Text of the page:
During an interview, it's not only the employer who is looking to ensure the candidate is the right person for the job. It's also up to you as the prospective employee to ask a few questions to learn more about the position to see if it's a right fit for you. Operating from that mindset, you can confidently have these questions to ask on an interview knowing that not only will you impress them, but you'll understand more about why you may or may not want the position.
"If I started tomorrow, what would be the #1 priority on my to-do list?"
By asking this question, you're subtly making your interviewer picture you in the position. You'll also show that you're interested in learning how to start off on the right foot from day one and that you're invested in doing so. All of this will further associate you with this position, which will bring you closer to your ultimate goal. For you, the answer to this question will give insight into what the position truly entails. You can also add follow up questions for further clarification, which will show your interest even more.
"What top personality traits are you looking for in a candidate?"
This is a 'feel out' question that helps you understand if you're a good fit. It also requires some translation. For example, if the answer involves the words 'intuitive' or 'creative', you can safely assume you will be working more independently. 'Patient', 'collaborative' could mean more team work or supervision is included.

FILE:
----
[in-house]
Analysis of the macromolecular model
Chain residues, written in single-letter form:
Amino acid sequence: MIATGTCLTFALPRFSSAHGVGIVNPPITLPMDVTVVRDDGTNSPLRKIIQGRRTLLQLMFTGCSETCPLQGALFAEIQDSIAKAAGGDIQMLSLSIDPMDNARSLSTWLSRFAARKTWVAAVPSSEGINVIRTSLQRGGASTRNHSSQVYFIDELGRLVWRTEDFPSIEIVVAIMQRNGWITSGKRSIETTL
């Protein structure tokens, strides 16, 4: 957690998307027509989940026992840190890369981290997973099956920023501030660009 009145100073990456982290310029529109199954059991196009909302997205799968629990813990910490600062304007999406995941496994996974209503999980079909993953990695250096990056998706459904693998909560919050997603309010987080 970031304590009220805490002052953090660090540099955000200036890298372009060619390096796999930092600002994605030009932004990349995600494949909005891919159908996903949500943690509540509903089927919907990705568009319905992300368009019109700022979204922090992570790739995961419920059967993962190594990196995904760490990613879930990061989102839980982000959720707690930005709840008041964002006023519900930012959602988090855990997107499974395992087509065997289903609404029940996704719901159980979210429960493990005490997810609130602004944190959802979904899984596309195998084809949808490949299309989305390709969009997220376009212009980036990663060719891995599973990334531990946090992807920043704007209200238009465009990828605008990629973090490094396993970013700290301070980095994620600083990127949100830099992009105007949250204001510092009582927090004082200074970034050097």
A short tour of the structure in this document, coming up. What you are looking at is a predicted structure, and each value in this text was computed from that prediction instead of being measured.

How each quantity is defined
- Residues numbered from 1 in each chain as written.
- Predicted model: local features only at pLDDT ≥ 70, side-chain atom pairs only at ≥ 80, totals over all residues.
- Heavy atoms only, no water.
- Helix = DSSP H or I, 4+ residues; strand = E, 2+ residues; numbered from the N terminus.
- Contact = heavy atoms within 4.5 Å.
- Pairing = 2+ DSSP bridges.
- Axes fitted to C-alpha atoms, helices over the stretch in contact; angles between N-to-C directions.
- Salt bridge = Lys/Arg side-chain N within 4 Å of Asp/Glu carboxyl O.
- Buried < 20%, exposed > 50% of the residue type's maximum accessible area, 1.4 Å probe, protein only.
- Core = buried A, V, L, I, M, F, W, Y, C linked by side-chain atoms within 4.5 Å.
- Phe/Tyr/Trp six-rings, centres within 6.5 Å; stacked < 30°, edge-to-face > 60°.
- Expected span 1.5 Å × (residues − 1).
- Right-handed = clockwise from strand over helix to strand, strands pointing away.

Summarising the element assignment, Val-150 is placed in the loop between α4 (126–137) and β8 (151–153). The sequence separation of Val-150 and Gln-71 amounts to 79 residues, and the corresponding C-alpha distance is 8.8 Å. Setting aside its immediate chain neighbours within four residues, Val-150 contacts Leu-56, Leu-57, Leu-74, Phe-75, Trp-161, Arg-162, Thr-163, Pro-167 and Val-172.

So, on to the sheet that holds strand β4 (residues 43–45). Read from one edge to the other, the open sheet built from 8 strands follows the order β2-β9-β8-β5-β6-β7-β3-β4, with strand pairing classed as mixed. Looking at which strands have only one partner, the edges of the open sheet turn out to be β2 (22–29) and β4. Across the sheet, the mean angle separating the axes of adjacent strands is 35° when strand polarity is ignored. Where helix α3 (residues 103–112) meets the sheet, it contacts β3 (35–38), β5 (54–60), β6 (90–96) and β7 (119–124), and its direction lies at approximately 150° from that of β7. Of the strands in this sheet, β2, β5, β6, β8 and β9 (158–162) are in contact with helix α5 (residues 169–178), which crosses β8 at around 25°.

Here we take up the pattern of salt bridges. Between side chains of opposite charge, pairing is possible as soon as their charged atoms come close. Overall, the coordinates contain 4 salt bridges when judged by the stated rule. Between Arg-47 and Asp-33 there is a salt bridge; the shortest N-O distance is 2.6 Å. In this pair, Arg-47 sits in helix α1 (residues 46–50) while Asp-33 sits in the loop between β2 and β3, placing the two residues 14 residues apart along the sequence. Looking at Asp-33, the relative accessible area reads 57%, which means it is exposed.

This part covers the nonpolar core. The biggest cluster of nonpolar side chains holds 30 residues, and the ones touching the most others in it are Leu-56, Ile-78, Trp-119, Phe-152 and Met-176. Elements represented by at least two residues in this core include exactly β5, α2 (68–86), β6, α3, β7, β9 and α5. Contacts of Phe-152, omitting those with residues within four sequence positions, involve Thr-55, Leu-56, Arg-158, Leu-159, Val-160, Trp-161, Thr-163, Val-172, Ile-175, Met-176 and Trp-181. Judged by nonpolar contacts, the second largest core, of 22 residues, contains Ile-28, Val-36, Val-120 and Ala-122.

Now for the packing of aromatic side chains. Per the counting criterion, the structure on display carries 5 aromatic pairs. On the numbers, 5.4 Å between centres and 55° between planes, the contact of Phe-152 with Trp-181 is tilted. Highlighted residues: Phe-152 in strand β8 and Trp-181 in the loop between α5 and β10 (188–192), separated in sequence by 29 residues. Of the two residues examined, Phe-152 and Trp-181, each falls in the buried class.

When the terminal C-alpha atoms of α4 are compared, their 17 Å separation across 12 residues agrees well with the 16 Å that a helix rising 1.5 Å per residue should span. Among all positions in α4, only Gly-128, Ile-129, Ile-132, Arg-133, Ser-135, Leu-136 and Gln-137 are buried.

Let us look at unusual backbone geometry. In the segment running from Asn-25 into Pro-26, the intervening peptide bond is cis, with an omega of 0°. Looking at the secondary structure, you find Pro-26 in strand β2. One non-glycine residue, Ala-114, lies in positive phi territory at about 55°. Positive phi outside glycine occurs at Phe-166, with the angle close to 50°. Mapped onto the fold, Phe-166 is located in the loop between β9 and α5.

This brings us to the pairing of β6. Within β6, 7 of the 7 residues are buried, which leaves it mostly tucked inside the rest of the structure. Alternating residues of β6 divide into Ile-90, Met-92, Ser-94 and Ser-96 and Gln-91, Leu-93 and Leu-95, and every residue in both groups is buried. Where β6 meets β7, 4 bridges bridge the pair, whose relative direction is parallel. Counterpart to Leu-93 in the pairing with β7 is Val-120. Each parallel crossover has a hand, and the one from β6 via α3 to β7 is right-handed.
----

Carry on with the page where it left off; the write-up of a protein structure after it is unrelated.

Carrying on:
"What improvements do you hope your new candidate will contribute to the position?"
This could give you an idea on what legacy they left behind and how you can build on that to plan your own success.
"I know [insert company name] prides itself on [insert your researched term here], so what would you say is the most important aspect of your culture?"
This is where you can shine. You've shown them you've researched the company and understand enough about it to grasp a better understanding of its inner workings. The answer will help you learn more about what the company really values and it's sure to impress the interviewer.
"In your experience, what's the best thing about working here?"
This is a variation on "Do you like working here?" which is a great question but can be closed off with a simple 'yes' or 'no.' With this question, you're going beyond their likes and asking for something more concrete. Interviewers like to share their opinions and this creates the conversational environment that encourages that.